David Van Noy Jr
816 536 7653
There may be other options available as well.
It's my understanding that Kansas follows the judicial foreclosure method as opposed to the trustee sale method. The significance of that is that the lender can typically obtain a deficiency judgment if the winning bid at the foreclosure sale was not a full debt bid. Trying to figure out how much of a deficiency judgment you may face can be difficult as you don't know in advance what will happen at the foreclosure sale. While an attorney can't predict that either with absolute certainty, he/she will know more about what typically happens than anybody on Trulia Voices.
Assuming that foreclosure sale did not yield a full debt bid, the lender can go back to court and seek a deficiency judgment. How the bank can enforce the judgment will again depend on the laws in your state. If your primary residence is in another state, the bank will have to go through the process of enforcing a foreign judgment ("foreign" just means from another U.S. state) in your state and typically, they'll be able to record the judgment in the county in which your primary residence is located and the judgment will rear it's ugly head when you try to sell your residence or refinance as it will show up as a lien on any real estate you own in that county.
I would recommend that you try to work out a solution with the bank to avoid a foreclosure. The bank should be interested in such a solution as it is also beneficial to the bank not to have to go through the judicial foreclosure process and having to wait for the redemption period to expire after the foreclosure sale. What workout solutions may be available to you will really depend on your particular circumstances. Since this is an investment property, getting a short sale approved may be less likely as banks typically don't grant short sales for investment properties, but every bank has it's own rules and guidelines.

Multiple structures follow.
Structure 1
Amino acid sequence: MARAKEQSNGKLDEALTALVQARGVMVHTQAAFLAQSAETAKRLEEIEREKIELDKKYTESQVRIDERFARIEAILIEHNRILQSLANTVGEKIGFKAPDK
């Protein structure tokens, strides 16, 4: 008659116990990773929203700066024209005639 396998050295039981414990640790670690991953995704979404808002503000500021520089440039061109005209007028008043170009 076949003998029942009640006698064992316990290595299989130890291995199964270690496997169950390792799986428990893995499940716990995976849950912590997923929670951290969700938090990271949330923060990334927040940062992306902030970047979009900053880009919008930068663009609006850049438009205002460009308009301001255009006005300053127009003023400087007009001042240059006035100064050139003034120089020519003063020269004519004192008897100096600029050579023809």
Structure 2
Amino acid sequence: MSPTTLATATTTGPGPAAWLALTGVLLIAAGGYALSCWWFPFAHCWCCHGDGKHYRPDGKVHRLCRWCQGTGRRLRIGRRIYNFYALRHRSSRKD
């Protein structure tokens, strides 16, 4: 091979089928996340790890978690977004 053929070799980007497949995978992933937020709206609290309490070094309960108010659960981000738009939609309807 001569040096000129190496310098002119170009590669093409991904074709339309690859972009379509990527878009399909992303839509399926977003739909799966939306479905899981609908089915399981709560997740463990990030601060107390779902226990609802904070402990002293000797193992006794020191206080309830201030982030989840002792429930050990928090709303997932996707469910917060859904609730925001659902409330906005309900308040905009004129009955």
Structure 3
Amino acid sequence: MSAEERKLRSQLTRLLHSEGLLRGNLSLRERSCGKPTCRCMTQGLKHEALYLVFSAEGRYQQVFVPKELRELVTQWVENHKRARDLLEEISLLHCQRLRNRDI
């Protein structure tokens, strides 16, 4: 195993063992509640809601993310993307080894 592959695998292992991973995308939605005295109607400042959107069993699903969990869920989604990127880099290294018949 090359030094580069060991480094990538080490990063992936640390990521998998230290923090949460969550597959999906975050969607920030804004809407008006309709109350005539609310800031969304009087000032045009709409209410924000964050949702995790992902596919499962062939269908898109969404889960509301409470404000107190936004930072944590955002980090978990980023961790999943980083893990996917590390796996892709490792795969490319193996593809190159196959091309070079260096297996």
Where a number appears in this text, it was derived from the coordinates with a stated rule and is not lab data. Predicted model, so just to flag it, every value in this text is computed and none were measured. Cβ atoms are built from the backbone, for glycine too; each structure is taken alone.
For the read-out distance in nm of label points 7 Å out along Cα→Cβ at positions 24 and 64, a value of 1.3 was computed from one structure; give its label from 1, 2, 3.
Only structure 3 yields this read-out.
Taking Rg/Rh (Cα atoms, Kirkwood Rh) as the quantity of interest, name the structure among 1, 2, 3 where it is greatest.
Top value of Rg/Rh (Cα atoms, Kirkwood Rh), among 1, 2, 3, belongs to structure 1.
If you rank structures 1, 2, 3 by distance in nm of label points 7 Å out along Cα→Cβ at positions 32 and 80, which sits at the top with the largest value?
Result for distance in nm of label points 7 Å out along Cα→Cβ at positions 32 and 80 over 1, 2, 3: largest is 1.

If there's mortgage insurance, your options will be different than when there's no mortgage insurance as the bank will be limited in what they can do when there's mortgage insurance since they would not want to do anything that would jeopardize their ability to file a claim under the mortgage insurance policy. For instance, they most likely would not be able to accept a deed in lieu of foreclosure and still collect on the mortgage insurance. I am just mentioning this, because the purpose of the mortgage insurance is to protect the lender in the event of a deficiency and some banks take out mortage insurance without the borrower's knowledge. It does not hurt to ask the lender whether there is mortgage insurance.
In summary, I would say, the possibility of a lien against your primary residence does exist, but the likelihood of it happening really depends on your particular facts and circumstances. Anybody who faces the possibility of foreclosure, should consult with an attorney and tax adviser to get a clearer picture of what to expect and how to best approach the situation. Many times, it will be a matter of picking the lesser evil.
The best of luck to you.